“It’s a ballsy move, though, making a car look like its predecessor. But one that’s starting to spread – Audi’s in on the game too, with its new Q5, and BMW did it with the new 5 Series not long ago” writes Autocar.
The Golf is a text-book example of a product that has evolved gradually over the course of its 40 years on the market. Audi have also cleaved to such a strategy as do BMW (nearly). Mercedes have been less adept at this. Sometimes they’ve adopted quite florid designs such as the fintail cars and most of the current batch. At other times they’ve had the urge to
present carefully rational and conservative cars (and let’s also remember their vertical affinity custom) for a few model cycles.
So, there is a case for some caution in car design. However, a blanket statement to the effect that all car makers should aspire to gradual evolution is just that, a blanket statement. There are times when gentle updating of an existing design is the wrong move. The market shifts and perhaps there comes a time when it’s strategically wrong to do more of the same (ask BMW). It can be necessary to signal a change of character and technology. If everyone is doing the same thing, swimming the other way in the river of custard might be a sensible move. That can be “ballsy” to use the phrasing from Autocar.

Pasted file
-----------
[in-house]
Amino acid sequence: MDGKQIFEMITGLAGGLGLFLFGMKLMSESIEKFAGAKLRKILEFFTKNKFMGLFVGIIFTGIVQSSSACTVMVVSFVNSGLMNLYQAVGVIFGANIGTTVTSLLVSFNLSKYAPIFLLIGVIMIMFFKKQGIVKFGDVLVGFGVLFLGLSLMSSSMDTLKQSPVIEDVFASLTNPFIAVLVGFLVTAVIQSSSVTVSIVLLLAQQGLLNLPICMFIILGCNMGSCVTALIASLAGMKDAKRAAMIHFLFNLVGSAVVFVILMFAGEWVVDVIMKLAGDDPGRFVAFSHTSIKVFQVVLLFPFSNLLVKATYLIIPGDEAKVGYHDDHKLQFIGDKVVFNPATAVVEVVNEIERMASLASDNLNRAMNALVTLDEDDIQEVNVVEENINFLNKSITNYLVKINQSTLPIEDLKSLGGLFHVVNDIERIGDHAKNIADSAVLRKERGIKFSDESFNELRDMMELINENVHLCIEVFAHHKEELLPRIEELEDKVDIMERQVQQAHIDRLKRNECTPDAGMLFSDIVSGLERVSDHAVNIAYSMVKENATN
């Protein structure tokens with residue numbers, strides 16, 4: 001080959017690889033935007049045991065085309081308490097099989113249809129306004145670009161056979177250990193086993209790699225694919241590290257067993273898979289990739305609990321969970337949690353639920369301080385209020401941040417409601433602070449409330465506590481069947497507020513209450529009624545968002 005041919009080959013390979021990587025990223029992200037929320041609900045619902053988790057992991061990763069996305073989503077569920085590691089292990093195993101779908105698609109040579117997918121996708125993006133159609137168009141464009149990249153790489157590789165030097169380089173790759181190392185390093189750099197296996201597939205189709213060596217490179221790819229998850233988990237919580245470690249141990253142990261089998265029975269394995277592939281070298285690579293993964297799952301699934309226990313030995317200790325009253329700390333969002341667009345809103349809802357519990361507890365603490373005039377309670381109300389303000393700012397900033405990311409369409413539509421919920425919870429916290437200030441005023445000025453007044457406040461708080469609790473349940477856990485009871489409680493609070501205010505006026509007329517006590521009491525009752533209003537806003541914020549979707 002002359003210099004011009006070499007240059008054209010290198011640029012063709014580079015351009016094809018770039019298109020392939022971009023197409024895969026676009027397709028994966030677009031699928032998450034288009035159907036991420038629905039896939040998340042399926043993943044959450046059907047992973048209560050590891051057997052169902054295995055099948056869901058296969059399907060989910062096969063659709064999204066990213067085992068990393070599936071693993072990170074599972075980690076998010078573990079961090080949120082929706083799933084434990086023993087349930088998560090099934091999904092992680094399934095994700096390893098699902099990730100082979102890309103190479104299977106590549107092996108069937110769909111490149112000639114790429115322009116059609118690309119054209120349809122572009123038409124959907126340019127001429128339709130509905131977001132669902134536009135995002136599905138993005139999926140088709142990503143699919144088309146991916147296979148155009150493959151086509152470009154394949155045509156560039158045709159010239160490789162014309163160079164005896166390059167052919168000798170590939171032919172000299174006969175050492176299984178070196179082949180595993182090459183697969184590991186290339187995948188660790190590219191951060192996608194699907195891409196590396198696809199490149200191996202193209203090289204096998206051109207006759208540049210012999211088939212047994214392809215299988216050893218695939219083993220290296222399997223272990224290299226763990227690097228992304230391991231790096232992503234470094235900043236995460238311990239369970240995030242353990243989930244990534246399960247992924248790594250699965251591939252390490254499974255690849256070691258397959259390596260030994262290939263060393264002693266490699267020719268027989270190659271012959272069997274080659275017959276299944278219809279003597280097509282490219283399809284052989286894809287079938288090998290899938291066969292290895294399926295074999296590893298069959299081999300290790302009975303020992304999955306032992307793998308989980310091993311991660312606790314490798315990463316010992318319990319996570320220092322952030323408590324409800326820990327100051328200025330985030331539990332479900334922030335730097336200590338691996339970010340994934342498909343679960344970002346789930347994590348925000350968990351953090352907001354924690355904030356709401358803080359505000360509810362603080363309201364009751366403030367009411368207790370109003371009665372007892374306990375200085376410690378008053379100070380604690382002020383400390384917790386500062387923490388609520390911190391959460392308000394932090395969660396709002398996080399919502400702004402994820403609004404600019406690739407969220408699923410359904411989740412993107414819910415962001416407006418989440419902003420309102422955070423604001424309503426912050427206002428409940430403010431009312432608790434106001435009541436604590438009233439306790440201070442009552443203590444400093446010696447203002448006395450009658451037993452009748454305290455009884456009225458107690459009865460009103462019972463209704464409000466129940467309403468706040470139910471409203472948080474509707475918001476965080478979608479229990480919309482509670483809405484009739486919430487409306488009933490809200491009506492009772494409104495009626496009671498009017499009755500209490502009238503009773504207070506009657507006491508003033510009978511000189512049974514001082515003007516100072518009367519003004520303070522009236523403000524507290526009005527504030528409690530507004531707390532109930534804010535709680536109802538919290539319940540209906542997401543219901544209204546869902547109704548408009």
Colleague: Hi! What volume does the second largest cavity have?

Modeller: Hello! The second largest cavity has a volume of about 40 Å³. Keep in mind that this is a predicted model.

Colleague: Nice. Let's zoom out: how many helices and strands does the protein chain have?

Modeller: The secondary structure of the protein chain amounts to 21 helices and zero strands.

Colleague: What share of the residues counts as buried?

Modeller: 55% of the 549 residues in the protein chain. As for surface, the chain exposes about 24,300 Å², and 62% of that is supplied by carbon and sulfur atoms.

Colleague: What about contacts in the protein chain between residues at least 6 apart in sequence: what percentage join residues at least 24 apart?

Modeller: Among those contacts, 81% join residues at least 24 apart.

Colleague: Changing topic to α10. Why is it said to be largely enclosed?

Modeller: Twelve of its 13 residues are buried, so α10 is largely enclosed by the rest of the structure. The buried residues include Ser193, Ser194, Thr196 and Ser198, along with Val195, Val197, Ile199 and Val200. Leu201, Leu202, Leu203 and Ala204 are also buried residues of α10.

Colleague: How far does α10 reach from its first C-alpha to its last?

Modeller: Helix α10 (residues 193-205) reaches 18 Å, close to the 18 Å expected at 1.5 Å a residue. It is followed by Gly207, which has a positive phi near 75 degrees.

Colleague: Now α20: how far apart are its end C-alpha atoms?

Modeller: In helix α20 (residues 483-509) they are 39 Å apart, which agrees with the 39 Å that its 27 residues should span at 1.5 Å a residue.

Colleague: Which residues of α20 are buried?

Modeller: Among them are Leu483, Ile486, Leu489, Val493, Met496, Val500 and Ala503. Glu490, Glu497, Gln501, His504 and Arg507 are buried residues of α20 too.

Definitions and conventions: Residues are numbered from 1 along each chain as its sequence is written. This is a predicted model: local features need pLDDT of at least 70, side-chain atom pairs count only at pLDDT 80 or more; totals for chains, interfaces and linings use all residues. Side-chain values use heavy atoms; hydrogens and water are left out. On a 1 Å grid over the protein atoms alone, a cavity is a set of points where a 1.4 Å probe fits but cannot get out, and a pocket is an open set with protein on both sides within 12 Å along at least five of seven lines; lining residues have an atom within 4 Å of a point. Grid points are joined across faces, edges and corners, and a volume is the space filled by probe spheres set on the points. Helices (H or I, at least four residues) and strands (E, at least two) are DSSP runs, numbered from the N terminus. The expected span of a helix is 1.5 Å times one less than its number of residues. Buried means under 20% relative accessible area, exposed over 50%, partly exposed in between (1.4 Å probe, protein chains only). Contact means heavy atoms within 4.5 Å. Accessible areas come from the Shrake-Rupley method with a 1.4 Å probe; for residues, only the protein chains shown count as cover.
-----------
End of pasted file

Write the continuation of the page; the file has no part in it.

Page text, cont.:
Some manufacturers have studiously avoided gradual evolution and done well-enough. Toyota, for example, are quite a big and profitable company and one thing they don’t bother with is respecting the design heritage they have. Every new Corolla is a new design and they sell steadily. Renault, Ford and Opel have also been consistently inconsistent yet also still shift the products (and remember that VW has had plenty of dud years these last two decades, for all their product consistency). Even with VAG, you can pick out Skoda for their wandering style and it has not hurt them all that much). The design strategy also depends on the market position. For a commodity car, gradual evolution might be useful – as we have said here the Renault 5 and Clio could have benefited from evolution. Point, counterpoint: they sell buckets of them anyway. Their customers don’t worry too much about design consistency. Ford’s Focus has been through three entirely different looks and still shifts the metal.
About the only dogma that applies in car design is that dogma is best avoided. What every car makers should aspire to is the right product at the right time and that might mean a polite genuflection to past glories and it might mean a clean sheet vehicle.